In its statement, NABARD says all these accounts are KYC (know-your-customer)-
These 200-plus individuals, with high denomination deposits running into crores, may have other non-agricultural sources of income too. This needs to be investigated.
As we all know, in India, agriculture income cannot be taxed and that is the reason those hoarding illegitimate wealth try to pass it off as agricultural income. So it is quite possible that some deposits of more than Rs 2.5 lakh made in those 230-odd ADCB accounts in the wake of are benami transactions, which needs to be probed by the IT department, the nodal agency for enforcing the Benami Transactions (Prohibition) Amendment Act, 2016.
Significantly, the IT department had initiated a nationwide operation to identify suspect bank accounts where huge cash deposits were made post demonetisation.
In the past, the NDA-II government itself has stated its intention at going after tax-evading ‘farmers’.
In March 2016, finance minister Arun Jaitley informed the Rajya Sabha that the government was going after tax evaders who were masking themselves as farmers. Jaitley said that the tax department was probing cases where evaders had passed off their unaccounted income as agricultural income.
Between 2007-08 and 2015-16, 321 people in the Bangalore region, 275 in Delhi, 239 in Kolkata, 212 in Mumbai, 192 in Pune, 181 in Chennai, 162 in Hyderabad, 157 in Thiruvananthapuram and 109 in Kochi declared agricultural income of at least R 1 crore, news agency PTI reported at the time, citing official data.
A total of 2,746 entities and individuals declared agricultural income of above Rs 1 crore in that period.
“There is no proposal to tax farmers’ agricultural income given the state our agricultural sector is in. But if someone misuses this provision and tries to pass off non-agricultural income as agricultural income, then we will probe that individual case,” Jaitley said.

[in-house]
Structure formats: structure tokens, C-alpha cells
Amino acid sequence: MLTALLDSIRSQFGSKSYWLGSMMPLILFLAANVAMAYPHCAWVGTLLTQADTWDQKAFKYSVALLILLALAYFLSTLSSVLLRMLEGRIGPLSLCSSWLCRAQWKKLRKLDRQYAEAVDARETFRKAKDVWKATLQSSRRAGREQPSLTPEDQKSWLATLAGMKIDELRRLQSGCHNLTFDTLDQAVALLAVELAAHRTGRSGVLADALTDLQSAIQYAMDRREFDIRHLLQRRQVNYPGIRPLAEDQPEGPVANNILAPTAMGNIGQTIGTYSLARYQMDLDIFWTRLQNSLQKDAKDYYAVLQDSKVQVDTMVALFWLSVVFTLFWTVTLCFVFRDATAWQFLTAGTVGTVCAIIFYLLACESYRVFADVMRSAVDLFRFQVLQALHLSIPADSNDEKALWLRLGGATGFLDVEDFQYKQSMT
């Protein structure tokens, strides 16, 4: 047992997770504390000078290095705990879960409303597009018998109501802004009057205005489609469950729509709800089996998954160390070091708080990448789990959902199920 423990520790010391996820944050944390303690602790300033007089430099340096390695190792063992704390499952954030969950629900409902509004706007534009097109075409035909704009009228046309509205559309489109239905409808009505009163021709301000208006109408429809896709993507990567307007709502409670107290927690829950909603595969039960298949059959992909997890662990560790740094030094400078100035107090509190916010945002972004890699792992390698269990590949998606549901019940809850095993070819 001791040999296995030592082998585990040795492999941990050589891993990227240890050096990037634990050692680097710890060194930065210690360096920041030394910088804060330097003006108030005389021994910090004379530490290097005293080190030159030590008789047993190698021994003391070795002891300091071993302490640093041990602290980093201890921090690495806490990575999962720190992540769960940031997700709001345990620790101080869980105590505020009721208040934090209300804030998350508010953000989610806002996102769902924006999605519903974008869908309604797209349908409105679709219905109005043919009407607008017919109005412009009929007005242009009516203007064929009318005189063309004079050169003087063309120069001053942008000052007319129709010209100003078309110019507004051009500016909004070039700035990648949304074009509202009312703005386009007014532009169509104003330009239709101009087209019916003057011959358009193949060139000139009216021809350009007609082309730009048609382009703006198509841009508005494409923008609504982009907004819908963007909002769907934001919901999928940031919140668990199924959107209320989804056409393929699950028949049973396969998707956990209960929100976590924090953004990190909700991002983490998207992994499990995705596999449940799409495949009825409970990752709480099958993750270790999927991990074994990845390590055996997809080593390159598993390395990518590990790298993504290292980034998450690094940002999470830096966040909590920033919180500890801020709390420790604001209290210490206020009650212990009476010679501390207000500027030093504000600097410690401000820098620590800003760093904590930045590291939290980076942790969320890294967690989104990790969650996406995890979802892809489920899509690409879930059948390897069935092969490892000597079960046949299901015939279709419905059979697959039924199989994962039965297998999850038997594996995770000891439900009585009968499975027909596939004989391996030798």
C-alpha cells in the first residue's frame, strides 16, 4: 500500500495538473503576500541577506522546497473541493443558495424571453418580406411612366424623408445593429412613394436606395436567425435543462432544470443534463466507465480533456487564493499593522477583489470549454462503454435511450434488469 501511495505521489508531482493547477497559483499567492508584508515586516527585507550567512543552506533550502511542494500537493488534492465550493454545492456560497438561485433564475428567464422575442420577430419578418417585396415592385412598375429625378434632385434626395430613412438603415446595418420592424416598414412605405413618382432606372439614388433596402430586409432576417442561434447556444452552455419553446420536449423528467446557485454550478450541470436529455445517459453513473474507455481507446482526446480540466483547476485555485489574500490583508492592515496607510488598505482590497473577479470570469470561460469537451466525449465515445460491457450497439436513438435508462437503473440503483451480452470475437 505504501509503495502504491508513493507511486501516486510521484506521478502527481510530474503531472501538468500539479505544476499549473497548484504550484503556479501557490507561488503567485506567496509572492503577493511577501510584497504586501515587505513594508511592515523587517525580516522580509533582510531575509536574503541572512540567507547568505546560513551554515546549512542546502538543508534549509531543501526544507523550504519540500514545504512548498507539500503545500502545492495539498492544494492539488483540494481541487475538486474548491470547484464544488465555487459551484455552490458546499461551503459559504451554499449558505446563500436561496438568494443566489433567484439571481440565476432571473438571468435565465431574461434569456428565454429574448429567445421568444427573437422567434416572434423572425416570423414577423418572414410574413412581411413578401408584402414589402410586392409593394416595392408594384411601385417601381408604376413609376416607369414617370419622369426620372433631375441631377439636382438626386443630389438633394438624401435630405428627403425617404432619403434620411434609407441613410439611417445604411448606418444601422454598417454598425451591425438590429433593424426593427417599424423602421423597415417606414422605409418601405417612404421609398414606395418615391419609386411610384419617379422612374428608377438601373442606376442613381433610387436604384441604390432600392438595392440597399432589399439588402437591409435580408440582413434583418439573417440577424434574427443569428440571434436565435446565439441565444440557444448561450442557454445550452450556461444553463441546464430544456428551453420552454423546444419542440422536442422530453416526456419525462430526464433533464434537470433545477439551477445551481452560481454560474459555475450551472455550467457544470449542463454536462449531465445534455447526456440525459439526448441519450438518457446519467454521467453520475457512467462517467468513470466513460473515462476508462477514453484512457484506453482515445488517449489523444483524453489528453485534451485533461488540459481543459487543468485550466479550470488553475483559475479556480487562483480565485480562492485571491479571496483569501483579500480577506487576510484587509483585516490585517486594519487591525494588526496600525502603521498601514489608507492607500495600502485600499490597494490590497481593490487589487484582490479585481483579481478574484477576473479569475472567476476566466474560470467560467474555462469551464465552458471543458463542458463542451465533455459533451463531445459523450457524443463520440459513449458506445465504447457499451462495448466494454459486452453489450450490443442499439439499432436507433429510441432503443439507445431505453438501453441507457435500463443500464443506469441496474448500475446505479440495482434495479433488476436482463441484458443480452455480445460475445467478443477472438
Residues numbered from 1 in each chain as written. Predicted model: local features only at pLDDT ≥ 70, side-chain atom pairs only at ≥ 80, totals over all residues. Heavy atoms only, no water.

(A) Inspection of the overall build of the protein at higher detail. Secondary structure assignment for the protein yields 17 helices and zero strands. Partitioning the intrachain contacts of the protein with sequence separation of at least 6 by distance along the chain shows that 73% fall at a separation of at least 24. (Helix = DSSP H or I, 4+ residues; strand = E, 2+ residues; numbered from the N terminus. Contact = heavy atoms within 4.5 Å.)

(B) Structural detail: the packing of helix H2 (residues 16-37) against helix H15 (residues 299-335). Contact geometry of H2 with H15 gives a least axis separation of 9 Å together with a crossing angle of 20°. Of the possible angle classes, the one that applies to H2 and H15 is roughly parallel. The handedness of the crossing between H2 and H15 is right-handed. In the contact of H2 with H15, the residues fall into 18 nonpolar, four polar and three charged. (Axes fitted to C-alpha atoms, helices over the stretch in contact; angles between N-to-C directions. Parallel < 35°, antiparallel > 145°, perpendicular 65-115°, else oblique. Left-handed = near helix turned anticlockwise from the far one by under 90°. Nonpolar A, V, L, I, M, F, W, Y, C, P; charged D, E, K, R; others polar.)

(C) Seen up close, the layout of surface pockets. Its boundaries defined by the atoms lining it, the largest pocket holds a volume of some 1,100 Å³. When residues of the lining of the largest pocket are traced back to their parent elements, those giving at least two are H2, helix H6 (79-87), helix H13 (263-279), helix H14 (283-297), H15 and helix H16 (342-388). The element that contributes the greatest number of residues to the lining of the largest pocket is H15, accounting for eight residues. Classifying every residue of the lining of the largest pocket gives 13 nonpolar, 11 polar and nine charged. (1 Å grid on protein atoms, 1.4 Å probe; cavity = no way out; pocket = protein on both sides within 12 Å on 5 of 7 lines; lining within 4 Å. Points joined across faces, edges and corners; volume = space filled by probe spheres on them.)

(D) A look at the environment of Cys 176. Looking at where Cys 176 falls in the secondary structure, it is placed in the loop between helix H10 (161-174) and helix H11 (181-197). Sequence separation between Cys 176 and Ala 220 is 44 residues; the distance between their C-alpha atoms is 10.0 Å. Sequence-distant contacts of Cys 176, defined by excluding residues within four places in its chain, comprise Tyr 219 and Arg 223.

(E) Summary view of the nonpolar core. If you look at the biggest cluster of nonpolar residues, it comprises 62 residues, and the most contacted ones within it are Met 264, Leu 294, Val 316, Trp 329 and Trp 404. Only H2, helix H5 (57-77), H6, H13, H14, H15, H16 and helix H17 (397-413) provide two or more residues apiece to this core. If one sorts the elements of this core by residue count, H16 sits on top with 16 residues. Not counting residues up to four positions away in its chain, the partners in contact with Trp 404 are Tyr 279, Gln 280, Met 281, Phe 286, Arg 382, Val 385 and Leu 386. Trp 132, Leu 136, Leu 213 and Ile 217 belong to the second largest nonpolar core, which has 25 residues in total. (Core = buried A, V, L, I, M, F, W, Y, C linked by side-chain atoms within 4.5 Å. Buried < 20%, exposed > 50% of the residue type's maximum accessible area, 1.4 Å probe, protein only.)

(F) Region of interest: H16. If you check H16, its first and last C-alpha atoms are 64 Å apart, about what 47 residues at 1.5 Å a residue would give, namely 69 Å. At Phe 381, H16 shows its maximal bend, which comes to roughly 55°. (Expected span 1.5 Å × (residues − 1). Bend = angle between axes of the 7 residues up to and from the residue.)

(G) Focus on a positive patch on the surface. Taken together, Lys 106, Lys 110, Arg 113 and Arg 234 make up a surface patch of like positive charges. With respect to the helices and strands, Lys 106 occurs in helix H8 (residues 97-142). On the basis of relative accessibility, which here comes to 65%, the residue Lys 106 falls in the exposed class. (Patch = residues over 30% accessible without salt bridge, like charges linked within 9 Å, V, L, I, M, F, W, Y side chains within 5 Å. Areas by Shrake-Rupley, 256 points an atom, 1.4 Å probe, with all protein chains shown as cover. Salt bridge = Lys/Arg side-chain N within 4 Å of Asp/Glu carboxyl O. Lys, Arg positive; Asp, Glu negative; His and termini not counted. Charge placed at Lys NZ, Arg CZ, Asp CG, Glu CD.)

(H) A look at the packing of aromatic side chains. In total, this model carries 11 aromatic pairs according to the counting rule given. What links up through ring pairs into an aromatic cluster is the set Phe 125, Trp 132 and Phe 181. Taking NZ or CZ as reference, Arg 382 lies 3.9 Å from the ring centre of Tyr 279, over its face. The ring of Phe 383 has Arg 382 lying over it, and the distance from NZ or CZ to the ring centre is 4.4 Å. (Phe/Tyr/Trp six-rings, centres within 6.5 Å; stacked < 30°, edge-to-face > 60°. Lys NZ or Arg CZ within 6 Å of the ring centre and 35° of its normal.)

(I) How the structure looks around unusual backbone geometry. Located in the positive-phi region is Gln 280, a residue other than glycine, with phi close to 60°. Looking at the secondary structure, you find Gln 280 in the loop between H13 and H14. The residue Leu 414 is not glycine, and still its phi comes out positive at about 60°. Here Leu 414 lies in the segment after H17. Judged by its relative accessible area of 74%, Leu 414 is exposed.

He added, “There are many prominent people who have done this and against whom an investigation is being conducted. When the investigation concludes and some names come to the fore, please don’t call it political victimisation.”
Jaitley was responding to queries from Janata Dal (United) leader Sharad Yadav and Bahujan Samajwadi Party leader Mayawati. Both leaders pointed out that individuals were using the farm income route to mask black money.
Post demonetisation, the IT department had issued advertisements to warn people against depositing their unaccounted money in others’ accounts, saying action could be taken against them under the Benami Act.
The Benami Transactions (Prohibition) Amendment Act, 2016 came into effect from November. Benami property, as per the Act, includes movable or immovable property, tangible or intangible property, corporeal or incorporeal property.
The Act empowers provisional attachment and subsequent confiscation of benami properties. It also allows for prosecution of the beneficial owner, the benamidar, the abettor and the inducer to benami transactions, which may result in rigorous imprisonment up to seven years and fine up to 25% of fair market value of the property.